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Friday, September 20, 2013

Canadians Sent to Hong Kong in World War II

Canadians were sent to Hong Kong in November of 1941 for military and political reasons. It was their country's first action in World War II. Canada is a member of the British Commonwealth, and its support was needed to protect Britain's Far East Possessions. The Brits were consumed with the Germans in the European Theater.

 An agreement was brokered for the Canadians to go to Hong Kong in World War II.  Lieutenant General Arthur Grasset, when referring to the Japanese, stated that "they fought well against third rate Chinese, but they had yet to meet first class troops such as his battalions, which would give them a bloody nose." Grasset was the Commanding Officer of China.

Hong Kong Commanding Officer Major General CM Maltby remarked shortly after the Canadian November arrival:
And there were only 5,000 Japanese nearby, ill-equipped, short of artillery, unused to night fighting, and their few supporting obsolete aircraft were flown by myopic pilots.

The stereotype that prevailed in military circles at the time were that the Japanese were nearsighted because of the appearance of their eyelids! This was a belief shared by General Douglas MacArthur as well. Furthermore, the Canadians were not privy to military intelligence. They were sent to war, ill prepared and untrained. The plan was to train them en route to Hong Kong and upon arrival.

The Royal Canadians and their dog Gander before deployment to Hong Kong. Gander
sacrificed his life by catching of a grenade meant for soldiers.  Source:

Meanwhile, six Japanese fighter and bomber squadrons were assigned to Hong Kong. The attack commenced at 7:30 am, on December 8, 1941. It was scheduled around the same time period as offensive military actions in Guam, Wake Island, Philippines, Thailand, Malaya and Pearl Harbor. The Japanese Squadron obliterated the British aircraft  at Kai Tak Airport.  Bridges were destroyed but accompanying Japanese engineering units quickly repaired the them.

Hong Kong was considered a precarious situation for years;  Japan already had a million men stationed in China as part of the Sino-Japanese War. Japanese General Lt. Takashi dispatched 52,000 men. The fierce, hardened warriors, who were now seasoned fighters, were no match for the young, inexperienced Commonwealth Soldiers. The Canadians (dubbed  C Force) joined some 14,000 British, Indian and Hong Kong Volunteers.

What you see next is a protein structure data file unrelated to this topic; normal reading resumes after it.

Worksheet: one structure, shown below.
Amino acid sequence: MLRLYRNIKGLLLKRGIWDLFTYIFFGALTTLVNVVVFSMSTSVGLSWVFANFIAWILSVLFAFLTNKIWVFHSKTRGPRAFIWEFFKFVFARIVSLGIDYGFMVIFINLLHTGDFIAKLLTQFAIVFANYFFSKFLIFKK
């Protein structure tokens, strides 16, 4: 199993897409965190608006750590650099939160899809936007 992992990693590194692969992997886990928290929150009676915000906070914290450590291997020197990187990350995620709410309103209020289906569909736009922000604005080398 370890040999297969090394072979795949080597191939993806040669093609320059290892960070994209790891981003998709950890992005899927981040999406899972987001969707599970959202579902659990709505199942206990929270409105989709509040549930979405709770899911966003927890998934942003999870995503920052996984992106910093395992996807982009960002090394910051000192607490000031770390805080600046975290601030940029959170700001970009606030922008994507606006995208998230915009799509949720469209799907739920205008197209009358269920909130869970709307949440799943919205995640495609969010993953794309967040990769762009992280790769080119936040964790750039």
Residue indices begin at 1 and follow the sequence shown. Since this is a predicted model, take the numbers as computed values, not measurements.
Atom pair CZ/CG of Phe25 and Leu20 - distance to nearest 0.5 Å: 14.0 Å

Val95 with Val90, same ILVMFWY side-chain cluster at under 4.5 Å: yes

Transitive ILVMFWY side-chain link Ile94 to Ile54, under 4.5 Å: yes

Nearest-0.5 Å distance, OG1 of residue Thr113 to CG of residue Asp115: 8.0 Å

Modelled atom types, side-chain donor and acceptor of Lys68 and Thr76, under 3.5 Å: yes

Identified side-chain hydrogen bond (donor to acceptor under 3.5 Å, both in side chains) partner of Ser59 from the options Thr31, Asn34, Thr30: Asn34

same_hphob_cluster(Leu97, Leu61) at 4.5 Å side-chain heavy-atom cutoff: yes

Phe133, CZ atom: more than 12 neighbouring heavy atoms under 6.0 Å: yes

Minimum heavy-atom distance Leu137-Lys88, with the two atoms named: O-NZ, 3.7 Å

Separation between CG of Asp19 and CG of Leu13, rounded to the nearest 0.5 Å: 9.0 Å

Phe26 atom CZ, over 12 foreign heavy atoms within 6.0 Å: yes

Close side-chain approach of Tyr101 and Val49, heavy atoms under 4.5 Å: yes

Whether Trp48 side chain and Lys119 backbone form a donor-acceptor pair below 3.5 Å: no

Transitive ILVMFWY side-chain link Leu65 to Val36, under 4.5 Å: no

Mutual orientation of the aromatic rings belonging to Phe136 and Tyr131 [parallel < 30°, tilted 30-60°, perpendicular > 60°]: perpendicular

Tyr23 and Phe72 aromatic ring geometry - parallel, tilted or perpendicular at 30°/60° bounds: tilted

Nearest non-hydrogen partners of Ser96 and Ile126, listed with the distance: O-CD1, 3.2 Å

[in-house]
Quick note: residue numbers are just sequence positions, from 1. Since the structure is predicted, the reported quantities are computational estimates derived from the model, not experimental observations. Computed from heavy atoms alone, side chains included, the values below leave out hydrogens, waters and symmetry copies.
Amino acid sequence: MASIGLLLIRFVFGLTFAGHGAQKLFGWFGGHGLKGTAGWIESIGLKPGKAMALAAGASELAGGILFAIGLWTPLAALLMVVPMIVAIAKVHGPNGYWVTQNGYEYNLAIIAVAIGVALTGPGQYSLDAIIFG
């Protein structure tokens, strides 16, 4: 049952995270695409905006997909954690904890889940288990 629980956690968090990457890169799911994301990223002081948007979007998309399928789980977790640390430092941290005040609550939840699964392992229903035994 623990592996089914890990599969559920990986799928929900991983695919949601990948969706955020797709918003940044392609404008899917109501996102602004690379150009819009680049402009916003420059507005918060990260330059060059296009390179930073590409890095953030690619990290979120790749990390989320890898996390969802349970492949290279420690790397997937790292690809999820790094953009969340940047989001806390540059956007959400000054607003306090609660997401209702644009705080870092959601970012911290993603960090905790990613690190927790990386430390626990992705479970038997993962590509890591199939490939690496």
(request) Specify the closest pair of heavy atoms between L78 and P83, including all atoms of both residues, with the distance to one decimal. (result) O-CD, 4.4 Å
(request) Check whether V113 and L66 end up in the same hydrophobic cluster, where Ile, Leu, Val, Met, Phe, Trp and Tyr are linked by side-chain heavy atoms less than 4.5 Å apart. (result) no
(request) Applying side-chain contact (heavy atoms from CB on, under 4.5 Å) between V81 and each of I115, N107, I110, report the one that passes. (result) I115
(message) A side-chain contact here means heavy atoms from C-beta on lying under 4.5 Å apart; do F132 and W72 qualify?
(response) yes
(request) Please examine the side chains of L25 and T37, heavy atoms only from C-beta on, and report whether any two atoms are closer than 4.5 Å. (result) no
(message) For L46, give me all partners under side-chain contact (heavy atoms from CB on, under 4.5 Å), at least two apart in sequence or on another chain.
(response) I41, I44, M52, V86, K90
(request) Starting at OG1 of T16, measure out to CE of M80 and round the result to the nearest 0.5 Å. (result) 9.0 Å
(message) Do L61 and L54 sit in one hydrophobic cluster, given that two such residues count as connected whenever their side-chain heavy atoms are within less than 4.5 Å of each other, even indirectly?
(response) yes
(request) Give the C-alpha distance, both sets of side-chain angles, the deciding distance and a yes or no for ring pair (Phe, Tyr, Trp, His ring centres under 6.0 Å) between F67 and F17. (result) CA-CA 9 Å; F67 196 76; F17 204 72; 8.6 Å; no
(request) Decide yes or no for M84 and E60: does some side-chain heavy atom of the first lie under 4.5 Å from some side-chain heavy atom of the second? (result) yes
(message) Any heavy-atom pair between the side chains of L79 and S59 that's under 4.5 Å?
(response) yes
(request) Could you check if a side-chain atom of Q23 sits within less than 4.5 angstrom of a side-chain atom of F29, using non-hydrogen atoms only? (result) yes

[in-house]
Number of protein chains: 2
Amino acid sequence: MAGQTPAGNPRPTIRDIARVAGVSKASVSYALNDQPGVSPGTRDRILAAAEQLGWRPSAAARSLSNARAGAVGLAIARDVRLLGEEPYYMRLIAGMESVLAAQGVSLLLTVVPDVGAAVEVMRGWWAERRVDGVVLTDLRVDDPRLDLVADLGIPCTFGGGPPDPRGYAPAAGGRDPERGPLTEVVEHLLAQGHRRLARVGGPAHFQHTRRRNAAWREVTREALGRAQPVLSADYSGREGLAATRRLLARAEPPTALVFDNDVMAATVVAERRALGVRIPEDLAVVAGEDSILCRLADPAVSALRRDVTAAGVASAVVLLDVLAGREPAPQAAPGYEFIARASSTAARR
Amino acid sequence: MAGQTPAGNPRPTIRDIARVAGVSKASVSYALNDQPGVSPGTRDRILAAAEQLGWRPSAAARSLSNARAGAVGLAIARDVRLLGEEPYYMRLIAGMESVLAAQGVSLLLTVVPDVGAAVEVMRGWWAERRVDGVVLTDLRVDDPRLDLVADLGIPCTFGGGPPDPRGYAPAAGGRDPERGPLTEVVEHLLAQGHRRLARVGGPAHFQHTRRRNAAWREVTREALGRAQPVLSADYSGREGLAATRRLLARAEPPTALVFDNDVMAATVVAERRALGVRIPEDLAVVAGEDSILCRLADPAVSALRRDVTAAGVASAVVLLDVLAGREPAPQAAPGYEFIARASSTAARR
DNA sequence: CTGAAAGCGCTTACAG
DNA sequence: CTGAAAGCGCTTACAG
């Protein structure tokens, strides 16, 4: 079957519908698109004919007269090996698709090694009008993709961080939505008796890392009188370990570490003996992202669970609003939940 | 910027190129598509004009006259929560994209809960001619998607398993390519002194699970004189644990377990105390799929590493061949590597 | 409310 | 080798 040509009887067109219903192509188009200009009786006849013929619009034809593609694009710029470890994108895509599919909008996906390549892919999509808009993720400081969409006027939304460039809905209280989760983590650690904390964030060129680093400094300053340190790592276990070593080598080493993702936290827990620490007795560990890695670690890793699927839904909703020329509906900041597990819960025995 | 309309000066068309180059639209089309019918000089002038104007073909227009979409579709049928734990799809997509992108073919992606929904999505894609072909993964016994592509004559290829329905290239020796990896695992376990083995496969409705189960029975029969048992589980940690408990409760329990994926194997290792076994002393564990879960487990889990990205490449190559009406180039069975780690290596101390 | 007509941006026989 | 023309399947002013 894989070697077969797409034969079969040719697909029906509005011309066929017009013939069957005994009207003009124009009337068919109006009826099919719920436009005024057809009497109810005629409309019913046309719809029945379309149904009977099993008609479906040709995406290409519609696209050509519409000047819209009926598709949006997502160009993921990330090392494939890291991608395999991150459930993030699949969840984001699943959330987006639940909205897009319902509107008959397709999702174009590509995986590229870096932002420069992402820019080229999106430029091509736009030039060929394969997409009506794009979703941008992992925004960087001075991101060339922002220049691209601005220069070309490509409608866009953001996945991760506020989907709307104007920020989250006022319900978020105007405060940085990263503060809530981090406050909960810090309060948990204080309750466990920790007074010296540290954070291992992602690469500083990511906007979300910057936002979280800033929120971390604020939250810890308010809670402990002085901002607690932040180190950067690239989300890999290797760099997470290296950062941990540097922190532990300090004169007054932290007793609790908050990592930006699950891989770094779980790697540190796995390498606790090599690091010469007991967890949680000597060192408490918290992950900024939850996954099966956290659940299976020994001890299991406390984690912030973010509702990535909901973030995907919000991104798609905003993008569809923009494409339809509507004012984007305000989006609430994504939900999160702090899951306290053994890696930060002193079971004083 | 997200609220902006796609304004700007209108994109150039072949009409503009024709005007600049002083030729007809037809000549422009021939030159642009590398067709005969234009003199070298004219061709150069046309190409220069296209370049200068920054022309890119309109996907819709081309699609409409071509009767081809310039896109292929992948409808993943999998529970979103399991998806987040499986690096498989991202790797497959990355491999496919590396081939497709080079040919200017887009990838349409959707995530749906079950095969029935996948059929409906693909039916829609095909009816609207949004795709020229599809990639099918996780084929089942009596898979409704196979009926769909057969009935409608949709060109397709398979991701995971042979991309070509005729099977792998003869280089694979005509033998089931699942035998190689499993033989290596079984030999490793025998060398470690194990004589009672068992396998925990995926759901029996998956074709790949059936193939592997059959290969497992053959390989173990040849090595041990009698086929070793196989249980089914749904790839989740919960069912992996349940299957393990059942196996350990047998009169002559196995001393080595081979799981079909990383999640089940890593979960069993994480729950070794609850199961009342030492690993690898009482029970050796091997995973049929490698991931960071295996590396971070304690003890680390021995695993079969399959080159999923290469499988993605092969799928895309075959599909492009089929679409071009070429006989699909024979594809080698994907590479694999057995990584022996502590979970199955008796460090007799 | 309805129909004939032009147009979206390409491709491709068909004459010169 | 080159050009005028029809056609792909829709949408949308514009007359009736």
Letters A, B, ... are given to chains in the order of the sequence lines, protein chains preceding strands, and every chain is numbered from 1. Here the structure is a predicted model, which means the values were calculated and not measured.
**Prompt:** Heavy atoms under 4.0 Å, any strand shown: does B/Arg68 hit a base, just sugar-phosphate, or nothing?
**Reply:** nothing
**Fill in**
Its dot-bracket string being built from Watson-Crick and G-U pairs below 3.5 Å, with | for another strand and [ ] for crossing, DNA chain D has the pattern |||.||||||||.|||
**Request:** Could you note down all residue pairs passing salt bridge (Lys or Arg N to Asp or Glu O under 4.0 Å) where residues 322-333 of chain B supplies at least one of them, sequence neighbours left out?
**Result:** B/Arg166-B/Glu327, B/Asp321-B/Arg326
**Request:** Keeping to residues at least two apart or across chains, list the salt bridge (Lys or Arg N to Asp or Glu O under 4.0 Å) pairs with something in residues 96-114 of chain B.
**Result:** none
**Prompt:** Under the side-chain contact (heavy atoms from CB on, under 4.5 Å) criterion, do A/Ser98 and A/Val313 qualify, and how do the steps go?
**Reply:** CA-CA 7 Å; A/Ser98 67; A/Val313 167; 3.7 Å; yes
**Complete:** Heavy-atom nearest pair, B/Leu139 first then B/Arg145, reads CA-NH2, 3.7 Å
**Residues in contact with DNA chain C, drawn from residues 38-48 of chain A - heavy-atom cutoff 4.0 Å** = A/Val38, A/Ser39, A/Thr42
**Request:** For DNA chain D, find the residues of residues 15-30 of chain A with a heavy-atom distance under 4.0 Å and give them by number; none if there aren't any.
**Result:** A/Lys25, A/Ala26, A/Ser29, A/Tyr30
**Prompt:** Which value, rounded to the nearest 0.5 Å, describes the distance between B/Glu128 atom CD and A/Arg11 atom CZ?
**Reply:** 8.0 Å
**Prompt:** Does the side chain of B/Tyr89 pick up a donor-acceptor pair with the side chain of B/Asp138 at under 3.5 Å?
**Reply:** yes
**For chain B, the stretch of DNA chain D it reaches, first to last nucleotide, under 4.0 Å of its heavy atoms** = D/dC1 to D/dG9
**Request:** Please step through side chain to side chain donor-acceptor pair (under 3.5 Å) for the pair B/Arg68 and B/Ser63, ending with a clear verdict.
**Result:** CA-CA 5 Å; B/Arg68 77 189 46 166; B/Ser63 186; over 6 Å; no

Canada sent 1,975 men to Hong Kong in November, 1941. The Canadians deployed two battalions: the Winnipeg Grenadiers and the Royal Rifles of Canada, a brigade headquarters group. They fought diligently for 18 days in the Battle of Hong Kong. Their commander, Maj. Gen. Maltby finally surrendered. The Japanese later stated that despite the overwhelming odds against them, that the defenders fought valiantly. John Osborn of the Winnipeg Grenadiers even received the Victoria Cross, posthumously, in recognition for landing on a grenade to save lives. 550 Canadians did not return; Prisoners of War were imprisoned in Hong Kong or Japan under heinous conditions. Japan unsurprisingly did not support the 1929 Geneva Convention POW Policy that stipulated humane treatment for prisoners. C Force members were later rescued in 1945 from POW camps.


Prisoners of War before rescue. The malnourished men had just received an
air drop of food from the Allies in 1945.


Notes: The Veterans that returned home to Canada were originally treated like outcasts. They eventually received recognition, a former apology, and a museum in their honor.

Monday, September 16, 2013

Aircraft Recognition: Would You Be Able to Identify World War II Planes?

As the narrative continues we cannot forget about the various aircraft used during World War II. I have posted samples of some airplanes. In a earlier post I discussed the "Mitsubishi Zero" and how it created many Japanese victories during the early part of the war. WWII planes were responsible for some of the most cataclysmic aerial battles in history. But a question arises. Would you be able to identify World War II planes? I have known pilots that can look up into the sky and easily identify airplanes. It is one thing to recognize aircraft on a peaceful, sunny day. Try identifying them in a middle of a war-torn country.